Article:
Transferring uni from Bristol to Exeter was the best decision I’ve ever made
It’s okay to admit when something isn’t right for you
All students have been there: the anticipation, nervousness and stress that all lead up to hopefully being accepted into your dream University after months of work. The promise of new friends, new experiences in a new place all whilst doing minimal work seems like a dream too good to miss, and for many students it is.
However, this isn’t true for everyone. It's like a taboo to even speak about not having the time of your life at university. There is so much pressure on students to have the best years of their life at university that there's even shame in admitting that this isn't the case.
When I first arrived in Bristol ready for what I was sure would be three years of non-stop enjoyment I would never have imagined that in less than four months this would leave me the unhappiest I had been in years.
I didn’t feel like I could talk to anyone because at university it seems like everyone around you is having the best time possible, and it wasn’t until I finally told my best friend from home how I was feeling that I realised maybe my situation wasn’t as uncommon as I thought. I felt like I was wrong for feeling the way I did, because everyone's meant to enjoy university.
A combination of missing friendships I’d established at school, a lack of proper working structure and feeling like I had no one to talk to left me feeling deflated and unmotivated. I knew that if I stayed on at Bristol, I would be wasting university altogether.
It’s no secret that Bristol’s student satisfaction is far from impressive. My halls featured a boarding school like structure of wardens and senior residents monitoring the behaviour of students, which is ironic considering many students are attracted to uni because of the new found freedom it offers.
Although Bristol is a prestigious uni, it seems to operate on an out-dated principle that cares only about the academic success of their students, rather than their overall wellbeing, which is reflected in the intensely criticised mental health services on offer.
Obviously the unhappier you are, the more your academic performance is going to suffer so at Bristol it is easy to get stuck in a downwards spiral of feeling like a constant failure.
I liked my course and I knew I wanted to continue studying, but the thought of leaving Bristol and starting from first year somewhere else and the potential for it to go exactly the same way just in a different city was a risk I couldn’t take.
At this point, I had no idea universities accepted students straight into second year and then when I looked into this, it seemed the people who had successfully done so were few and far between. But I couldn’t continue the way I was feeling.
The process was hard. When I visited Exeter I was reassured by one of the admissions team that, although it is rare, provided the two universities overlap enough in their course content in first year, you can join into second year. You just need to have high enough grades – in my case a 2:1.
Having this goal gave me the motivation that I needed to not just finish first year, but to achieve higher grades than I would ever have imagined I would get considering how unhappy and unmotivated I was in previous months.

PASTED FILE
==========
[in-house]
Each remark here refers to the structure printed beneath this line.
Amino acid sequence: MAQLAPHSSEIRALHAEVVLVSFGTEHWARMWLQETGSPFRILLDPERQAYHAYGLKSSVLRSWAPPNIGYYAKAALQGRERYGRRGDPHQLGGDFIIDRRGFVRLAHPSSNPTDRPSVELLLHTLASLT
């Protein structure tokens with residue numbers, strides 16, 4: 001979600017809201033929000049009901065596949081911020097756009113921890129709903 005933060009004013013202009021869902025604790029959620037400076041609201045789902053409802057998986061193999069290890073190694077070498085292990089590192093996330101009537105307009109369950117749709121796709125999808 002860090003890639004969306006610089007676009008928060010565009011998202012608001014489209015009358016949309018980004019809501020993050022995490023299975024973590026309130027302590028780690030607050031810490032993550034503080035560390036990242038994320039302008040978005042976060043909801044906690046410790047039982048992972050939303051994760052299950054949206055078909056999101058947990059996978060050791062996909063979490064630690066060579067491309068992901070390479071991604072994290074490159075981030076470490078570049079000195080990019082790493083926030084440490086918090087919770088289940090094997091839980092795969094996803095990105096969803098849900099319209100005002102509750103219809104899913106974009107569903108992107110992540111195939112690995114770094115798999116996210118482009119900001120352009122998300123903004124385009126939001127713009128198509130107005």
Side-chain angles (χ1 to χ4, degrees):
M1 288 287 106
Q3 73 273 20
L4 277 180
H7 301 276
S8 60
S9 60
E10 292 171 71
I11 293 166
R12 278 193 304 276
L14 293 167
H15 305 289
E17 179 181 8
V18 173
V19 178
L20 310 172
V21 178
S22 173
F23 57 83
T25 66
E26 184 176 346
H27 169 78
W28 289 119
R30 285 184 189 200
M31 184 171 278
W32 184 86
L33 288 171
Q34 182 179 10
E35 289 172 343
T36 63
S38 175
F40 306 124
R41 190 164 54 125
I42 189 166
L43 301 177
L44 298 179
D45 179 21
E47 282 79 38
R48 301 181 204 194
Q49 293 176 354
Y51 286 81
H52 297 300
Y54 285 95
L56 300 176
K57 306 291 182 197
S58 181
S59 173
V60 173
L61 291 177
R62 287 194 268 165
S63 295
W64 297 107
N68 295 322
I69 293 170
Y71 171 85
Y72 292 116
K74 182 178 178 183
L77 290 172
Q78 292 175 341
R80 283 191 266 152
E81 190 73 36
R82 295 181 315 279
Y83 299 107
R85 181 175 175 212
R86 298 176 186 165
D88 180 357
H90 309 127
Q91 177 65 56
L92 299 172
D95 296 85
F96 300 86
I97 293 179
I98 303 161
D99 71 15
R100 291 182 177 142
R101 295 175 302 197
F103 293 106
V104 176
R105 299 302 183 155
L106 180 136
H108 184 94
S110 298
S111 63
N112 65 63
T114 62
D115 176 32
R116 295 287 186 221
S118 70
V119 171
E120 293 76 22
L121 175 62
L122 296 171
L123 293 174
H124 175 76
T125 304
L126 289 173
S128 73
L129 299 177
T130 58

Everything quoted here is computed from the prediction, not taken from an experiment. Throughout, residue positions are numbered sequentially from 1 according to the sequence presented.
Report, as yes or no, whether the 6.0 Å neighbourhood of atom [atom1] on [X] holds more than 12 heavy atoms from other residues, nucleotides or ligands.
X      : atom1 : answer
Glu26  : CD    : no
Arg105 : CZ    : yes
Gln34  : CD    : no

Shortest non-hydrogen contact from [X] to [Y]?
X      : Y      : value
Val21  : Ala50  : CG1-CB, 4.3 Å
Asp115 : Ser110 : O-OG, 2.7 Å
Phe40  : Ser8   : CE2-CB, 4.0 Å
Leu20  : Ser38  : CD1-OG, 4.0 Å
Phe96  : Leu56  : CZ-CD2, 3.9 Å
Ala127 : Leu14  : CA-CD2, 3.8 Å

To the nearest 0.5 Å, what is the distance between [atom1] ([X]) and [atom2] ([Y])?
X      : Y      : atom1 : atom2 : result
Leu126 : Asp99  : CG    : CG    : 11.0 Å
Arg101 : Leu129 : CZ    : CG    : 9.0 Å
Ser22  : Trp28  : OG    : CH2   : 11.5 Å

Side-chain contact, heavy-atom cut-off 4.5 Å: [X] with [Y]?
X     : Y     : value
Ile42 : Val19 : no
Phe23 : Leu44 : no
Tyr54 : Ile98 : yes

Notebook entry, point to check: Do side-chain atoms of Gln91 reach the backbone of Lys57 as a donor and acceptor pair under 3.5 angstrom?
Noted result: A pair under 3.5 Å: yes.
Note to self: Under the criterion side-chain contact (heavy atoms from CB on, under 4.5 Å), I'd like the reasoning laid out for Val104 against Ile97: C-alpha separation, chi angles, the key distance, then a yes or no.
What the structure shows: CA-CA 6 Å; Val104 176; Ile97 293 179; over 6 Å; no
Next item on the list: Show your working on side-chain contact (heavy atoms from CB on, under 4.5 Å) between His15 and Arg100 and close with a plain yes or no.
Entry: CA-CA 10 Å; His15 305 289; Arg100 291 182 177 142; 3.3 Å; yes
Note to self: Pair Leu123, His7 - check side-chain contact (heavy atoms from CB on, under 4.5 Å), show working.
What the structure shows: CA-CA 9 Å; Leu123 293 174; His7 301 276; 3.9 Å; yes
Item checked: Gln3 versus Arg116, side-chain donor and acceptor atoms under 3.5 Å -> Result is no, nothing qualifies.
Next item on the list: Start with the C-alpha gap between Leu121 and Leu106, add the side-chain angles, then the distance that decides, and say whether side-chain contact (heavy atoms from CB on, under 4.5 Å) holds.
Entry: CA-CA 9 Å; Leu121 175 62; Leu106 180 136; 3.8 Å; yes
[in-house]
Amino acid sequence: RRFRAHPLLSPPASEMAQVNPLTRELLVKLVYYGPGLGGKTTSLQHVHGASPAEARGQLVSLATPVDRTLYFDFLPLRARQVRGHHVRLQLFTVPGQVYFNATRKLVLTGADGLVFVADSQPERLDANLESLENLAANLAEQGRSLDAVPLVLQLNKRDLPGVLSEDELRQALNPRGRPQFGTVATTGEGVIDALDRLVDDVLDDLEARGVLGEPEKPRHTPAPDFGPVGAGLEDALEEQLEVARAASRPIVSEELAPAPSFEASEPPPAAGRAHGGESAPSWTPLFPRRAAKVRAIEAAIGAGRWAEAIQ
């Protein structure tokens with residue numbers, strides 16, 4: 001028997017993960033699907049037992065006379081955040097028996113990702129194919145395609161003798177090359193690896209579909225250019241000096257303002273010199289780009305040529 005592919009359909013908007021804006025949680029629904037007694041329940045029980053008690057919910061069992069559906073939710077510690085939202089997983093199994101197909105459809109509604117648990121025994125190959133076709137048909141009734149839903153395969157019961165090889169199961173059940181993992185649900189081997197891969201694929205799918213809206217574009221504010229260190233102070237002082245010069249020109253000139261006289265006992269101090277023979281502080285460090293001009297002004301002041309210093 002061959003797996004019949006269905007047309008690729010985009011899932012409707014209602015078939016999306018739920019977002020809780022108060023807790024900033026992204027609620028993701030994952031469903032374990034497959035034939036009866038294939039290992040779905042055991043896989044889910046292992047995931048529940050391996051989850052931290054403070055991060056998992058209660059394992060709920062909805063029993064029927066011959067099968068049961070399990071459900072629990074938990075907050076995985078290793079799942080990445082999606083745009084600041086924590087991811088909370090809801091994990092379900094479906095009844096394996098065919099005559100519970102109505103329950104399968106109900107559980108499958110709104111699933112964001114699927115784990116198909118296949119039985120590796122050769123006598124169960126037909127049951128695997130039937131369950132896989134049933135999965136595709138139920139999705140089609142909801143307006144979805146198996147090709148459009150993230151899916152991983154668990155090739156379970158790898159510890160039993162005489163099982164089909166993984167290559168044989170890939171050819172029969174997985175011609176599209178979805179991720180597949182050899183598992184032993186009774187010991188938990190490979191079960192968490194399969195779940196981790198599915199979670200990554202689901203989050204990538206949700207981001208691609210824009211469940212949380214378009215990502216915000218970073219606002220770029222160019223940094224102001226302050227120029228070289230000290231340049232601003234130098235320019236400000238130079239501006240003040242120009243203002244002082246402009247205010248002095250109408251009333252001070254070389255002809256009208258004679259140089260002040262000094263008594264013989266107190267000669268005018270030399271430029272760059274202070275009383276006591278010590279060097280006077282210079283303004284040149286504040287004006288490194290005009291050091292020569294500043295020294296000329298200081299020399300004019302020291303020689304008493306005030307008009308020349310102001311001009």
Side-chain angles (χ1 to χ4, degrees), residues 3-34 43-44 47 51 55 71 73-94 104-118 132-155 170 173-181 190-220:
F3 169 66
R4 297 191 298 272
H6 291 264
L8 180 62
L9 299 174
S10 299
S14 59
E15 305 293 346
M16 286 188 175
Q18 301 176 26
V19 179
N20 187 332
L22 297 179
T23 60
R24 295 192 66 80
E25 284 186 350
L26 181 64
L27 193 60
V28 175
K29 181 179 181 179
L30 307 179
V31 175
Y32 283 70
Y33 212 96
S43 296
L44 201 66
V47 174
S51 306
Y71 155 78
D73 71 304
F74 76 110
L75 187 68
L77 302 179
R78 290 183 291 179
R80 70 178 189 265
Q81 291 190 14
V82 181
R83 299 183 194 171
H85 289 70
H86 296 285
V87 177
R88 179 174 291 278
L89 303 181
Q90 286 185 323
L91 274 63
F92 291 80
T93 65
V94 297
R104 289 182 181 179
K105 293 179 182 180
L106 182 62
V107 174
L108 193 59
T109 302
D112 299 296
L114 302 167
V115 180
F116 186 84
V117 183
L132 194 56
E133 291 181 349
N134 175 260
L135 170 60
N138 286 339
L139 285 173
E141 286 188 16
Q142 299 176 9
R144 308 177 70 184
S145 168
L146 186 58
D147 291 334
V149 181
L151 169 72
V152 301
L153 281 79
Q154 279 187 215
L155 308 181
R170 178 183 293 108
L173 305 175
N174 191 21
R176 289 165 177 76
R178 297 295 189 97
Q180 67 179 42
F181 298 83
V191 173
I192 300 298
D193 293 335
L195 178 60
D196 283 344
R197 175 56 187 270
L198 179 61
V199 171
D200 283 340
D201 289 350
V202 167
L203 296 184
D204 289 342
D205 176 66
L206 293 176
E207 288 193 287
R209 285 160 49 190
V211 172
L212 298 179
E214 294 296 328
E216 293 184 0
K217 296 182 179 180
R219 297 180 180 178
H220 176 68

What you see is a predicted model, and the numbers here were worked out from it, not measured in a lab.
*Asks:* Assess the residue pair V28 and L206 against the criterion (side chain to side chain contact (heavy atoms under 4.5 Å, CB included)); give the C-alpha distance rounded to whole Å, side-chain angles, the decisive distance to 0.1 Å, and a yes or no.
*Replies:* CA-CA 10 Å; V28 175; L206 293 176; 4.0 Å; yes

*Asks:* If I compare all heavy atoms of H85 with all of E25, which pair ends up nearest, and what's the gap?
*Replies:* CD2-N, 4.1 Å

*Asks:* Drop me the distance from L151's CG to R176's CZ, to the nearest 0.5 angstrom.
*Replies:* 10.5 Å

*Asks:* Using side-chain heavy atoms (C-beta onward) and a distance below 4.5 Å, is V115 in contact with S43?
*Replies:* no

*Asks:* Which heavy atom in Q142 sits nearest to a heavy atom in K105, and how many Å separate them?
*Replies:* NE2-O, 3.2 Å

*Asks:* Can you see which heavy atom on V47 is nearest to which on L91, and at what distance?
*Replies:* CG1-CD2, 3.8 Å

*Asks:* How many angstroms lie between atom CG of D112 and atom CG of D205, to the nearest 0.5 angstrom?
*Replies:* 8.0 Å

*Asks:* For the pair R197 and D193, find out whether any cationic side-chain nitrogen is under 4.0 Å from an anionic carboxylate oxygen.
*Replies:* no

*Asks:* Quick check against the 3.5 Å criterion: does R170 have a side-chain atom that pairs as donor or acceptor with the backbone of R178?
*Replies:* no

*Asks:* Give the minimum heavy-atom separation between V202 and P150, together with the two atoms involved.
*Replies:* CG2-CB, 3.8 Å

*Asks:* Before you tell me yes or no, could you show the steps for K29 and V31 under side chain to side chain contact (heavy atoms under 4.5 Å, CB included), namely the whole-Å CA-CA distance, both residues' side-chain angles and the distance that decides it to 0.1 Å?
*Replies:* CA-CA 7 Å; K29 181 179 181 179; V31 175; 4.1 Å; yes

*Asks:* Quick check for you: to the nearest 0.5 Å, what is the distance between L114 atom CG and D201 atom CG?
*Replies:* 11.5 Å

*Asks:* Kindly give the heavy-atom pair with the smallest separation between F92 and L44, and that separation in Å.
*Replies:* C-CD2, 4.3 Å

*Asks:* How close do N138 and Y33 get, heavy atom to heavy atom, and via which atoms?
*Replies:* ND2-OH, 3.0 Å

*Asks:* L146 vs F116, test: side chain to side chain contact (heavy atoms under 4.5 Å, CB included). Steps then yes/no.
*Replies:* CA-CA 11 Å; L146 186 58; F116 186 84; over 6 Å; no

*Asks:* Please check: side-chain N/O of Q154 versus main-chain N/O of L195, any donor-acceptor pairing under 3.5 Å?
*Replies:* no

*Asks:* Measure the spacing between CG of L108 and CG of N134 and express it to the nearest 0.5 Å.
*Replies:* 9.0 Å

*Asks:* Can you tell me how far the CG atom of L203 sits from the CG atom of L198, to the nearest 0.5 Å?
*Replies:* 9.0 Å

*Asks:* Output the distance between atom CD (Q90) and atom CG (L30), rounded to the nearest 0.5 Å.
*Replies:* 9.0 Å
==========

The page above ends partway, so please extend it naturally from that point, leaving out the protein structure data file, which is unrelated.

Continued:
A year ago, the prospect of spending a further two years in Bristol was something that I couldn’t possibly fathom. If I hadn’t had the bravery to admit how I felt at university despite feeling like I was completely alone in this then I’m certain I would have dropped out altogether by now.
There is absolutely nothing wrong with admitting when something isn’t right for you. The more I speak to people about how I felt the more common I realise it is. I just wish that the prospect of not enjoying university wasn’t such a taboo subject, because if this was the case then maybe there would be more support available for students who were left feeling as disappointed and alone as I did.
The journey to changing universities felt like a lonely one, but when I arrived at Exeter I realised how right the decision had been. Within a week I felt more comfortable than I ever had at Bristol. Maybe this was the fact I was no longer living in halls, something I had been desperate to move out of, or maybe it was the campus structure of the university provided such a great sense of community, but something just felt right.
What really proved to me how good my decision had been was in my first week at Exeter when met my now best friend Dani who, in possibly the weirdest of coincidences, had also transferred to Exeter into second year from Cardiff. If nothing else, this proves to me how if you are unhappy at university, you certainly aren’t the only person who feels that way.
I would never have believed you if you had told me at the beginning of my fresher’s week that my first year would go the way it did. All the fun and excitement I was imagining turned into the most unexpected and difficult year of my life.
There were definitely times I felt like giving up, but I couldn’t be happier or more proud of myself for admitting how I felt and doing something about it. Now that I have come out the other side, I know that Exeter has given me something I could never have imagined when I was at Bristol: genuine happiness.